1 vote TheAmpersand | Jan 22, 2013 |
This is quite a good book, and one would merely have to read the first two paragraphs of the famed preface to gather that Capote was a great writer, so I will quote them here: "My life-as an artist, at least-can be charted as precisely as a fever: the highs and lows, the very definite cycles.
I started writing when I was eight-out of the blue, uninspired by any example. I'd never known anyone who wrote; indeed, I knew few people who read. But the fact was, the only four things that interested me were: reading books, going to the movies, tap dancing, and drawing pictures. Then one day I started writing, not knowing that I had chained myself for life to a noble but merciless master. When God hands you a gift, he also hands you a whip; and the whip is intended solely for self-flagellation ."

The rest of the book actually lives up to the promise of the preface, so read it. You can also read an essay I wrote about "Music for Chameleons" on my blog at this address:
http://larsaumueller.wordpress.com/2010/05/27/this-is-an-essay-i-wrote-for-a-cla... ( )
  larsbar | Mar 29, 2012 |
A very natural style. At times funny, at times more dramatic. "Handcarved Coffins" shows Truman at his (dramatic) best. In "Conversational Portraits", the 3rd and last part of this book, one wonders if some stories are real or made up. The one about Marylin Monroe is a beauty. Highly recommended ( )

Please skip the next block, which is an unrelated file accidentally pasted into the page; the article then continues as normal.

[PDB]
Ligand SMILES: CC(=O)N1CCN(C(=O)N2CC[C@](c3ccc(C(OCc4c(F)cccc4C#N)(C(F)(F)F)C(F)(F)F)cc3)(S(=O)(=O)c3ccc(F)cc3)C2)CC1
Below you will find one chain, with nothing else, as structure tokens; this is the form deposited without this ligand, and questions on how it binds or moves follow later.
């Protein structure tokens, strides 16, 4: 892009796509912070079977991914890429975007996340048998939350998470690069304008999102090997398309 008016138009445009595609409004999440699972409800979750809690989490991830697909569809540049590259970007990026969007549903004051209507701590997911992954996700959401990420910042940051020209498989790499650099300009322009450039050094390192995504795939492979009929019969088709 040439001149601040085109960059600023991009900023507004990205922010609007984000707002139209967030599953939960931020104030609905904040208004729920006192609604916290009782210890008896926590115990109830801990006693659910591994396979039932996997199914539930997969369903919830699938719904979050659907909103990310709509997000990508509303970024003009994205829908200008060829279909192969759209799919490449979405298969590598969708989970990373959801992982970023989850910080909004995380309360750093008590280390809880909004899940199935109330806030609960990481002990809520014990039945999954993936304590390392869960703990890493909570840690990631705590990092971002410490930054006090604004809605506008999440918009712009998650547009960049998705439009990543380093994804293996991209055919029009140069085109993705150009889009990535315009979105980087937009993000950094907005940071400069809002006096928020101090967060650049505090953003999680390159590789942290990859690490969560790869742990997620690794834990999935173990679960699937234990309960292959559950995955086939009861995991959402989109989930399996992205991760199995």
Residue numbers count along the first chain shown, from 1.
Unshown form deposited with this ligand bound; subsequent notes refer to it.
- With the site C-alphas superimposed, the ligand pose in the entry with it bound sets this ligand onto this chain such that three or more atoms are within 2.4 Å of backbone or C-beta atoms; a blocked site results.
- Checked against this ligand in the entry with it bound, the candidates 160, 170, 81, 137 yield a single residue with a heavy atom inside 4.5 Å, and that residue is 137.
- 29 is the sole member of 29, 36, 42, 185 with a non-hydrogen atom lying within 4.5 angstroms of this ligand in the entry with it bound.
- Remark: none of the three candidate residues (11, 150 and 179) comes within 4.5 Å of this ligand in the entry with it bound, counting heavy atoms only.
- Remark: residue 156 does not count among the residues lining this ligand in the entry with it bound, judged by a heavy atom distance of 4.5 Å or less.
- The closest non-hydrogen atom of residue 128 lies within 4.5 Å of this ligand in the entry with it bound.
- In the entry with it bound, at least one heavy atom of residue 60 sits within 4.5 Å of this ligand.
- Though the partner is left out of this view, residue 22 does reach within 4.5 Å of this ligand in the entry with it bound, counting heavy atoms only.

jm_arroyo | May 2, 2010 |
I picked this up some time last year, partly because I never read anything by the guy, and partly because I recalled a friend saying this was one of her favorite books. Capote definitely has a style, and it's on display here in this collection of non-fiction stories and conversations. At least, one assumes it's non-fiction; he says so, at any rate.

He did live a very varied life, so it's easy enough to accept the stories as true; the old woman with the cats in her freezer, being smuggled onto a plane by Pearl Bailey, etc. Some of the stories are definitely better than others, and the showpiece, Handcarved Coffins, was only all right, all around. Most of the "conversational portraits" in the third section of the book, except for the last one, were very well done, and even that one (a conversation with himself) wasn't that bad. The earlier ones didn't get into my head as much, I have to say.